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Can four play six? Can the Ford Ranger Raptor hold its own against its V6 rivals?

2018-07-25 08:00

Lance Branquinho

Image: Sergio Davids / Wheels24

To underscore just how much 2018 has been 'year-of-the-bakkie', Ford’s Ranger Raptor is being experienced by the international media at its global launch this week, as you read this.

Ford fans haven’t had the easiest July, with confirmation that fourth-generation Fiesta ST will not become available locally due to fuel quality concerns.

Softening the ST blow

That means Ranger Raptor has an even greater burden of expectation, as it attempts to soften the blow of disappointment in the wake of Ford’s Fiesta ST announcement.

READ: Ford's new Ranger Raptor: Performance bakkie to be built in SA

The bakkie market is especially competitive in South Africa and Ford requires no tutoring on the realties of it, as they are the near most important participant.

With Ranger Raptor, Ford will be marketing at a very limited portion of the double-cab market, one where buyers are willing to pay handsomely for a favoured combination of performance and image. It’s also a part the bakkie market where German V6 diesel double-cabs appear to have an unassailable advantage. 

What do you think of the new Ford Ranger Raptor? Will you be buying one when it becomes available locally in 2019? Email us

Can four play six?

When Ranger Raptor eventually goes on sale in South Africa next year, VW’s upgraded Amarok V6 and Mercedes-Benz’s X350d will be well entrenched. Both bakkies offer image appeal far superior to most rivals and unapparelled performance.

With power outputs just shy of 200kW and 0-100kph times both below 8 seconds, the V6 double-cabs from VW and Mercedes appear unbeatable as a first choice for those buyers who desire the utility of a bakkie with the acceleration of a junior hot hatch.

In view of Amarok and X350d’s performance numbers, it’s difficult to appreciate how Ford imagines Ranger Raptor will fulfil a destiny of becoming the double-cab of choice for South African bakkie fans who don’t like surrendering their position in the far righthand lane. Not only is the engine 30% smaller than either of its German V6 bakkie rivals, but power figures are notably humbler too.

                                                                            Image: Sergio Davids / Wheels24

Has Ford misread the market completely? Or is there a dilution of perspective by most bakkie enthusiasts and the media, obsessing about statistics instead of considering what Ranger Raptor presents as a holistic driving experience?

It’s true that the engine is not impressive when viewed in isolation, yet with a spread of ten-gears it should feel greatly quicker than a peak power output 157kW implies. 

Power is nothing without control

What distinguishes Ford’s performance double-cab from its German rivals are components hidden from view, obscured by its wheels. Renowned off-road racing and motorcycle suspension specialist, California’s Fox Racing Shox, has assisted in developing a custom coilover damper set for Ranger Raptor.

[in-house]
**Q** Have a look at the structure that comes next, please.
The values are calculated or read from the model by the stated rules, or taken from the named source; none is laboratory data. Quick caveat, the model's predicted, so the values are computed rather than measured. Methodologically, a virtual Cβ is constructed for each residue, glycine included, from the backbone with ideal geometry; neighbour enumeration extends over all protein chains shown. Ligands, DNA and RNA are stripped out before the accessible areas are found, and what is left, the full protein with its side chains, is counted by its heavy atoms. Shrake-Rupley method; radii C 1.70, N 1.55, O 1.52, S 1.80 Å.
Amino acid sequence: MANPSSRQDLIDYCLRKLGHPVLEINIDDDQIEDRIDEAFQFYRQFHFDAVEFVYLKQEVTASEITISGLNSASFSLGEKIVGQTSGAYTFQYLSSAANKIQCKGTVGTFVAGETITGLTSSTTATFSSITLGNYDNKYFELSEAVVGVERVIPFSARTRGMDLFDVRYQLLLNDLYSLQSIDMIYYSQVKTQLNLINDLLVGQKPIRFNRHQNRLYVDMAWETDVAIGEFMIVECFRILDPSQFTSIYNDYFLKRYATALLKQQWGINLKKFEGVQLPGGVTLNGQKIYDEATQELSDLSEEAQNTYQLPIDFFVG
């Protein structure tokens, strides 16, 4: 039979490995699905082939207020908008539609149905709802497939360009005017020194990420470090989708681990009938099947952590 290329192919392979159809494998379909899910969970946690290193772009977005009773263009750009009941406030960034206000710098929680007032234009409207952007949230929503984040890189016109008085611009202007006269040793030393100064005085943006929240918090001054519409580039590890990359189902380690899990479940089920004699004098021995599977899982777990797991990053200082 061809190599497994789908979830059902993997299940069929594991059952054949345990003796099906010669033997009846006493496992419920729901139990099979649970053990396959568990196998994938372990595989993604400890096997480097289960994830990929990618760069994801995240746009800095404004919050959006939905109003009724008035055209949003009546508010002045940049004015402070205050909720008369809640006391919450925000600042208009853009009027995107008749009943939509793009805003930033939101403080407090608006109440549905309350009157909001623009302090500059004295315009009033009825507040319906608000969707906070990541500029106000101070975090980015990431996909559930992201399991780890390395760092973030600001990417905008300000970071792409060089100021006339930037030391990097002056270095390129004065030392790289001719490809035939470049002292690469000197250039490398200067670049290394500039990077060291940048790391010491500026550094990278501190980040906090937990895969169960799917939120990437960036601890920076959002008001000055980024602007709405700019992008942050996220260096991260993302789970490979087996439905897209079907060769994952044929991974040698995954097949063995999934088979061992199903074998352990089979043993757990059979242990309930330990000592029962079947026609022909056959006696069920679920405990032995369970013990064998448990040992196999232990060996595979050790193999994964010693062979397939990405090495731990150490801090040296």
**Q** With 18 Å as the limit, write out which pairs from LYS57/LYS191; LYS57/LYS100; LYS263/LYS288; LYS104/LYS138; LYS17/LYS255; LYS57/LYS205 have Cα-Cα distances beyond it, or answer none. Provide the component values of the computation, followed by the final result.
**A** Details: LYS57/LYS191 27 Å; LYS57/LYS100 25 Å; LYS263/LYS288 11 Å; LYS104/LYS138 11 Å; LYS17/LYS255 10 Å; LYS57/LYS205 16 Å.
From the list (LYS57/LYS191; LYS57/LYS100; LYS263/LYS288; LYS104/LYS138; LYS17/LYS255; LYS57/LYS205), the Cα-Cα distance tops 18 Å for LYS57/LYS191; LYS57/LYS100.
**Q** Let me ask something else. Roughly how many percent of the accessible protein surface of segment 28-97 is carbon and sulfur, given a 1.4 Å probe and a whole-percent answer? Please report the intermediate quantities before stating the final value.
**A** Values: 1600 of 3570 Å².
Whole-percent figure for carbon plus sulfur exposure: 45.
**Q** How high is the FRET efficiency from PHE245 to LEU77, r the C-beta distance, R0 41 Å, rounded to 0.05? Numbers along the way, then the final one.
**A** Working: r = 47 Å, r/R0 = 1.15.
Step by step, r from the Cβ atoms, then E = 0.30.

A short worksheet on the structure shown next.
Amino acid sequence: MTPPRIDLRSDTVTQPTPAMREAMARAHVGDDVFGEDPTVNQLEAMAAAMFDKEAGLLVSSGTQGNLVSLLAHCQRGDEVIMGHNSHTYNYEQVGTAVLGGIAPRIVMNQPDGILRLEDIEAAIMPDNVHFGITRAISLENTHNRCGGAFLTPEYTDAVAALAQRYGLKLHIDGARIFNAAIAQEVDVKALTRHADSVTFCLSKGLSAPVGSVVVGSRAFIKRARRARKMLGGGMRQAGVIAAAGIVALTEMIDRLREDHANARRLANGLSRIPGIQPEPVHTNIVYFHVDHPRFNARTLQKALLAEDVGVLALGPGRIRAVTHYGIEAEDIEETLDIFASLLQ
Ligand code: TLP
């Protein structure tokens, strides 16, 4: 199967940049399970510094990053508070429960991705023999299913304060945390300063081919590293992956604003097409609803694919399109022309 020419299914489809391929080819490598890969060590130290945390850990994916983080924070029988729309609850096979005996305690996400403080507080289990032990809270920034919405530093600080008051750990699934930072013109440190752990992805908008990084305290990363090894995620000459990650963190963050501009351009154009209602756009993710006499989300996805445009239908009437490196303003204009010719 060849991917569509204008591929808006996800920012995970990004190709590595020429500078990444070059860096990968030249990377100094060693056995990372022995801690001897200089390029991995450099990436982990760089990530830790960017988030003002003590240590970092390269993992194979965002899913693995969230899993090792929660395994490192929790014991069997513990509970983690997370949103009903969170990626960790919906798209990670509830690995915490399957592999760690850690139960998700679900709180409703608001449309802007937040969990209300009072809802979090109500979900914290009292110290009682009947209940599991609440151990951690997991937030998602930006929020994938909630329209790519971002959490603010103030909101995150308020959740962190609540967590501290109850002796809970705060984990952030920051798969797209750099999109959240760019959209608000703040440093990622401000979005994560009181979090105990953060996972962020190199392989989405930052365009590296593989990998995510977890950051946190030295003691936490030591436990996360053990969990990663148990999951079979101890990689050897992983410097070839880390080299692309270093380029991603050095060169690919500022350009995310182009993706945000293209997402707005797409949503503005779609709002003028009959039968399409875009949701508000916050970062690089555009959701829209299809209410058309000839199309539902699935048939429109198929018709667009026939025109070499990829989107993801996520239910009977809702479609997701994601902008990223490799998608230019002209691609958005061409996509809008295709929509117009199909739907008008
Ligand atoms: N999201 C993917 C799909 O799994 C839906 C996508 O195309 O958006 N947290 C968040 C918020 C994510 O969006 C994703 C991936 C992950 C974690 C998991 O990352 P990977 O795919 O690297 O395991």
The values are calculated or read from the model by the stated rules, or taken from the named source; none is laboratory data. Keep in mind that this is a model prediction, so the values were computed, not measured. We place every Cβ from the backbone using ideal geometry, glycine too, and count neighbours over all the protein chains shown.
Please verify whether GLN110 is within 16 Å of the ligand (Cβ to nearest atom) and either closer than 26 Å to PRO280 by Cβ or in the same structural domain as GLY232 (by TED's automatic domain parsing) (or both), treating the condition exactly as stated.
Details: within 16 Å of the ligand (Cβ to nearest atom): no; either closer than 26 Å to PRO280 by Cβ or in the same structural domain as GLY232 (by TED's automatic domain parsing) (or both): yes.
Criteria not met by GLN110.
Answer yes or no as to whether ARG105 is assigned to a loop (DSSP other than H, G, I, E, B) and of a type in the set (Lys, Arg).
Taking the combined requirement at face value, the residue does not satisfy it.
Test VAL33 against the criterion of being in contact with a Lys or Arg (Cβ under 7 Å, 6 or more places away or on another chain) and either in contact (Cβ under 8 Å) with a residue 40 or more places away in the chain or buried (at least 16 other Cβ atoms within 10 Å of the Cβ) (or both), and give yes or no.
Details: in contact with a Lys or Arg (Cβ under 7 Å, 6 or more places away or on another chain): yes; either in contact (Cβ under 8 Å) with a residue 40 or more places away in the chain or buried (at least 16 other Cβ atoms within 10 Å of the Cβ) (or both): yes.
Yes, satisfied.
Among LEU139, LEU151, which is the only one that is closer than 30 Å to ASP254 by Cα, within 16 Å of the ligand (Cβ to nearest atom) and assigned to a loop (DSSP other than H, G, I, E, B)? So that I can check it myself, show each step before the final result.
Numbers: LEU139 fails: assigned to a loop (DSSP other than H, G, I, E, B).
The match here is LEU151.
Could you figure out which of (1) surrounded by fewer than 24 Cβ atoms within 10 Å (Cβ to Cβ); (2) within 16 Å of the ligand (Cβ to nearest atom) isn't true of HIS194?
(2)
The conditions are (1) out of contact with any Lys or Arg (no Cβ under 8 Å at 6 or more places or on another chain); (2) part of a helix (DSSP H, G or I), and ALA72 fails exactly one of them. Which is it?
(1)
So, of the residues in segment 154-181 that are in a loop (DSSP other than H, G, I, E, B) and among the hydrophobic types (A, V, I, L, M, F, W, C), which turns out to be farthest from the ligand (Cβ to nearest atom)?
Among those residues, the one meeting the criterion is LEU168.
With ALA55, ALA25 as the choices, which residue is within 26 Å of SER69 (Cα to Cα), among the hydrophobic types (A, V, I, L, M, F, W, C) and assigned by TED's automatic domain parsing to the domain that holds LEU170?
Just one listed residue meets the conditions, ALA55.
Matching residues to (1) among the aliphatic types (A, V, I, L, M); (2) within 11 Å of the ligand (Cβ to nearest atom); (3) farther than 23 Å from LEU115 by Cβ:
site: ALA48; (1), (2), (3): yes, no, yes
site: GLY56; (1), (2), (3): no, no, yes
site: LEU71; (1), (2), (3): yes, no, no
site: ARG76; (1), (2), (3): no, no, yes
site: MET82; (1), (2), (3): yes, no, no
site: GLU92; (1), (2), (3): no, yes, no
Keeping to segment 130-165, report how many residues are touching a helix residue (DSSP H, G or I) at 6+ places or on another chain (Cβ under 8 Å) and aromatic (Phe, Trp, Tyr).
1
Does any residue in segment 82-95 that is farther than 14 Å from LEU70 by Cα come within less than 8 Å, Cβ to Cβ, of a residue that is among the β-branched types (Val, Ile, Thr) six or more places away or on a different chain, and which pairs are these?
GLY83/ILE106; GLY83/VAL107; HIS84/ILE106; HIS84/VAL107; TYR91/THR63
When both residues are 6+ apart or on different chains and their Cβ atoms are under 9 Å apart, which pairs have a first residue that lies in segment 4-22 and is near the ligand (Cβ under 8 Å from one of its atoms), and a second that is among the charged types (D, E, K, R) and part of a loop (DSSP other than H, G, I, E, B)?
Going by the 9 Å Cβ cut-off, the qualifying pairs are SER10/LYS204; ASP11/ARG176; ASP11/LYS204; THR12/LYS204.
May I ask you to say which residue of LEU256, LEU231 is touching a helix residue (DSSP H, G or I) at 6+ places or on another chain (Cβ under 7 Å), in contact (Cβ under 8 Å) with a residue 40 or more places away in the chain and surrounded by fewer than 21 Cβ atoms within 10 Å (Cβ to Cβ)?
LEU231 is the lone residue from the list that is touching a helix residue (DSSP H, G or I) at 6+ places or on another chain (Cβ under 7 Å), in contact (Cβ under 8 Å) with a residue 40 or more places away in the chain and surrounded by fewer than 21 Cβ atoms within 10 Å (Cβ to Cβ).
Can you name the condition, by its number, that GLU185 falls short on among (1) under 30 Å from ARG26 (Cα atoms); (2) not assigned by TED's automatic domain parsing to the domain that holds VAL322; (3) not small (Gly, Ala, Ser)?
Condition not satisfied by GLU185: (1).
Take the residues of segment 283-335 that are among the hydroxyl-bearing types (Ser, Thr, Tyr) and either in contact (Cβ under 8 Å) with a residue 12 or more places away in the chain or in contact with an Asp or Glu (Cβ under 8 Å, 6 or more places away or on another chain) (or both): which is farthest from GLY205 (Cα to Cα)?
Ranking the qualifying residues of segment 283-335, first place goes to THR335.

Unfortunately, suspension is considered boring by most, as it doesn’t have a specific power output or impact on 0-100km/h acceleration times. 

                                                                         Image: Sergio Davids / Wheels24

Perhaps the most important influence on a vehicle’s harmonisation of performance, is the quality and sophistication of its suspension.

The ability to ride out bumps or road surface imperfections, without a vehicle being deflected off its intended steering line, is the reason why certain cars, with less power, are quicker than high-output rivals at the Nürburgring.

                                                                      Image: Sergio Davids / Wheels24

In an off-road environment it becomes an even greater conduit to delivering a rewarding driving experience. An apt analogy is Porsche’s 911 GT3 RS, which has a lot less power than a 911 Turbo S, but is more revered as a driver’s car, due to its advanced suspension and structural chassis upgrades.

How many bakkie enthusiasts will value Ranger Raptor’s revolutionary Fox suspension technology, is uncertain. But in any analysis between the status of Amarok V6, X350d or Ranger Raptor being South Africa’s ultimate performance bakkie, an argument founded purely on engine output or acceleration numbers is unsound.

Critics of Ranger Raptor will question the benefit of its Fox suspension bits being of no use in ordinary driving conditions, whereas the surge of performance from an Amarok or X350d’s V6 engine is.

That might be true, but when you do happen upon a dune field or specifically challenging terrain, a Ranger Raptor will embarrass any other bakkie by the margin of superiority in its overall turn of speed.

                                                                      Image: Sergio Davids / Wheels24

Ranger Raptor might not be the most powerful double-cab available, but it can use nearly all its engine output in terrain that bakkies are designed to conquer, whereas more powerful rivals have to be shepherded at quarter throttle, unless you really enjoy riding rodeo in your seat and blowing suspension seals every few hundred metres.

Read more on:    ford  |  lance branquinho  |  south africa  |  new models

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